WASHINGTON -- U.S. authorities announced new financial sanctions against Russia's top intelligence agencies, more than a dozen Russian citizens, and the company known as the Russian “troll factory” in the latest U.S. push to punish Moscow.
The measures, announced by the White House and the Treasury Department on March 15, were specifically in response to Russian efforts to interfere with U.S. elections systems, including the 2016 presidential campaign.
It also was in response to what officials said was a wide range of “malicious cyberactivity,” including Russian efforts to hack into the U.S. energy grid and other parts of the U.S. infrastructure, including dams.
In Moscow, Russian Deputy Foreign Minister Sergei Ryabkov said on March 16 that Russia would respond to the new set of U.S. sanctions by expanding its "black list" of Americans.
Ryabkov said that Russia would use the principle of parity in its response to the sanctions, but that Moscow does not rule out extra measures, the RIA news agency reported.
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The sanctions, which U.S. officials had hinted would be announced this week, were not directly linked to the poisoning in Britain of a retired Russian military intelligence officer and his daughter, though Treasury Secretary Steve Mnuchin cited the case as an example of what he called was Russia’s reckless actions.
“Treasury continues to pressure Russia for its ongoing efforts to destabilize Ukraine, occupy Crimea, meddle in elections, as well as for its endemic corruption and human rights abuses,” he said in a statement. “The recent use of a military-grade nerve agent in an attempt to murder two U.K. citizens further demonstrates the reckless and irresponsible conduct of its government."
In Moscow, Deputy Foreign Minister Sergei Ryabkov told the Interfax news agency that Moscow was preparing retaliatory measures against Washington.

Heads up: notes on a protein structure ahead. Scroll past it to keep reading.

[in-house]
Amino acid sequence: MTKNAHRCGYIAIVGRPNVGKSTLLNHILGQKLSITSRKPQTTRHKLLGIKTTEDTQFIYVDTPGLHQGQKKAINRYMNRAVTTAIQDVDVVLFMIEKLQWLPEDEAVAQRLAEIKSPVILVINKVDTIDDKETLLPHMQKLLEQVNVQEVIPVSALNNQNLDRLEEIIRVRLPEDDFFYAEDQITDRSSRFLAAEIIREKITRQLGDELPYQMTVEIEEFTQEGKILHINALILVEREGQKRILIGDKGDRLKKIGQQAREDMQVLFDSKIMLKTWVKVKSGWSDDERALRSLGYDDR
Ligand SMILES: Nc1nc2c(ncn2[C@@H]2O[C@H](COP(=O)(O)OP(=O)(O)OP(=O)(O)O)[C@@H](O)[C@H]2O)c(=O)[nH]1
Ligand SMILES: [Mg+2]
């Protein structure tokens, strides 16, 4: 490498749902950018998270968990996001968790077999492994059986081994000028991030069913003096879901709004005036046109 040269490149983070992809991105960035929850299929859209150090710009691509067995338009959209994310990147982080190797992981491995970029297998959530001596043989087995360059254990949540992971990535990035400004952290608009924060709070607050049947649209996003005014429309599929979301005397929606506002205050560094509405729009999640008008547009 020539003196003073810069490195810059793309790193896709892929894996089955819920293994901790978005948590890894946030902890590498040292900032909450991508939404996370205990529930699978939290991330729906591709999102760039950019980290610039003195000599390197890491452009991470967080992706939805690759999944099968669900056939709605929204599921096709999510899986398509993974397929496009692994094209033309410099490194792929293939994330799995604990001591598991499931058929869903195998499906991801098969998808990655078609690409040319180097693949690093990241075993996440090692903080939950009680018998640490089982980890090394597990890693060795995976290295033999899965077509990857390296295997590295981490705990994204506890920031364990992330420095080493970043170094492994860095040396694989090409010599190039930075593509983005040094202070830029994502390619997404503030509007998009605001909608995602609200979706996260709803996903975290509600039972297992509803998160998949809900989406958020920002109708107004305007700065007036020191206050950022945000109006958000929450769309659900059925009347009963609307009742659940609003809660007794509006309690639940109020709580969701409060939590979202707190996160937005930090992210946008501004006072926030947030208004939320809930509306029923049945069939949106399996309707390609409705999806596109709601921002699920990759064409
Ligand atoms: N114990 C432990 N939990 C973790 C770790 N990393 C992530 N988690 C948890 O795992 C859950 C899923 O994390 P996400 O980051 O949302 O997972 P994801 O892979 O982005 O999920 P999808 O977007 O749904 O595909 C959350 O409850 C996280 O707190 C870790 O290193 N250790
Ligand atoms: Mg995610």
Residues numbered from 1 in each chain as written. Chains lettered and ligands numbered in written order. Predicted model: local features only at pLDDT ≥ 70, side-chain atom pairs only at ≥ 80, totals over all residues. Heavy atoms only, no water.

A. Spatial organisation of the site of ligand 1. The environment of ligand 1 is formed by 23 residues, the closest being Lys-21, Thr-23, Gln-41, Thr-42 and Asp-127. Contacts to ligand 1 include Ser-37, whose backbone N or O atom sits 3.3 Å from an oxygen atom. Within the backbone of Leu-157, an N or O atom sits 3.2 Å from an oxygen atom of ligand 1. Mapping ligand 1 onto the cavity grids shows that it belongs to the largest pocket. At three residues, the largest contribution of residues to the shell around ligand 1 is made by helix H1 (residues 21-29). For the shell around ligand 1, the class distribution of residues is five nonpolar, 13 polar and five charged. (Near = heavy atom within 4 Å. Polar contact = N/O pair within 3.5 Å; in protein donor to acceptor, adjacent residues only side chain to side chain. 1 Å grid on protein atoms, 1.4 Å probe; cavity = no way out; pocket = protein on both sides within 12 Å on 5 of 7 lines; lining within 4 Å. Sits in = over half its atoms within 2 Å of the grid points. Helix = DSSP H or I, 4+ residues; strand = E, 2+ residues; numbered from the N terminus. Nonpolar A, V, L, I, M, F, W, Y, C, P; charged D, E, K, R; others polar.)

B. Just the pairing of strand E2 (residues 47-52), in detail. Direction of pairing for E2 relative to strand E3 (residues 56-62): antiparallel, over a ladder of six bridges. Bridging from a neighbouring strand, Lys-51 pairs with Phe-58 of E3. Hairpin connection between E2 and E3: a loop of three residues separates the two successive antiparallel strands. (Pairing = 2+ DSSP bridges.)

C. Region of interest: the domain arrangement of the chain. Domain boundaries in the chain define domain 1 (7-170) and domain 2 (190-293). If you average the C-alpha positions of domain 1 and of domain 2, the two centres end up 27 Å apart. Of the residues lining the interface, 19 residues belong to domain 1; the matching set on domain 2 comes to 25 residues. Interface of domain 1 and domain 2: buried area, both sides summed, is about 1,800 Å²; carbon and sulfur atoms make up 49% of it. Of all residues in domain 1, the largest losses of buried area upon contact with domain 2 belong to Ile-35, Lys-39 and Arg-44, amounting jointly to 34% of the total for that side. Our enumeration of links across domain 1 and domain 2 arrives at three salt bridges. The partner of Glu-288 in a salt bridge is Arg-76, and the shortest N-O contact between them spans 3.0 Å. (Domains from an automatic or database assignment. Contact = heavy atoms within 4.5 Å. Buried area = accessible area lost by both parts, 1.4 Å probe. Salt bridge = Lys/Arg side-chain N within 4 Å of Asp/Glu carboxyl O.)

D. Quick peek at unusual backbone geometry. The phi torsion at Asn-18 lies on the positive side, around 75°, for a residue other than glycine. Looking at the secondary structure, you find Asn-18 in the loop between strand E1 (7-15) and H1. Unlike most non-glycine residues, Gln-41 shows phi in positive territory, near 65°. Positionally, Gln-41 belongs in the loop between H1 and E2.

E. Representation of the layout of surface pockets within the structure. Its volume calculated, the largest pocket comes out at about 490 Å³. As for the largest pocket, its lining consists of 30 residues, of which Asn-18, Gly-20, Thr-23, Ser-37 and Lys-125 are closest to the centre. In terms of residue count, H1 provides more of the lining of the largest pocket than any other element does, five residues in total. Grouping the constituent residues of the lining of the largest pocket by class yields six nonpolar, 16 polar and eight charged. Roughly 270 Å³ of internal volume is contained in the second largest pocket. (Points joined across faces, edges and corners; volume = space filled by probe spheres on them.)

It’s unclear how much effect the new U.S. measures will have in influencing Russian actions in the United States or Europe. Many of the agencies, individuals, and entities had either been sanctioned previously or had been publicly accused in U.S. statements, including in the indictment released last month by U.S. Special Counsel Robert Mueller.
But the measures will further ratchet up tensions with Moscow.
The new penalties were the first to be utilized under a law that Congress passed last year to punish Russia for election meddling.
The Treasury Department accused the Russian military intelligence agency, the GRU, and Russia's military of interfering in the 2016 election. It also said they were directly responsible for the NotPetya cyberattack, which caused billions of dollars in damages across Europe in June.
U.S. national security officials also told reporters that the FBI, along with the Homeland Security Department and intelligence agencies, have concluded that Russian intelligence and other agencies were behind attacks on some parts of the U.S. energy sector, including grids, dams, and factories.
The Russians "conducted network reconnaissance" of industrial-control systems that run U.S. factories and the electricity grid, said the officials, who briefed reporters on condition of anonymity.
The Treasury Department announcement named the Internet Research Agency, a St. Petersburg company known informally as the “Russian troll factory” for its efforts to create fake accounts on Facebook and other social-media platforms.
The company, and the man believed to be its financier, Yevgeny Prigozhin, were indicted by Mueller last month on conspiracy and other charges.
Earlier, the United States joined Britain, France, and Germany in a strongly worded statement that accused Russia of responsibility for the poisoning of Sergei Skripal and his daughter, who remain hospitalized in Britain after being exposed to a powerful nerve agent.
“This use of a military-grade nerve agent, of a type developed by Russia, constitutes the first offensive use of a nerve agent in Europe since the Second World War,” leaders of the four countries said.
President Vladimir Putin, meanwhile, was holding a meeting with his Security Council, amid sharply rising tensions with London over the poisoning incident.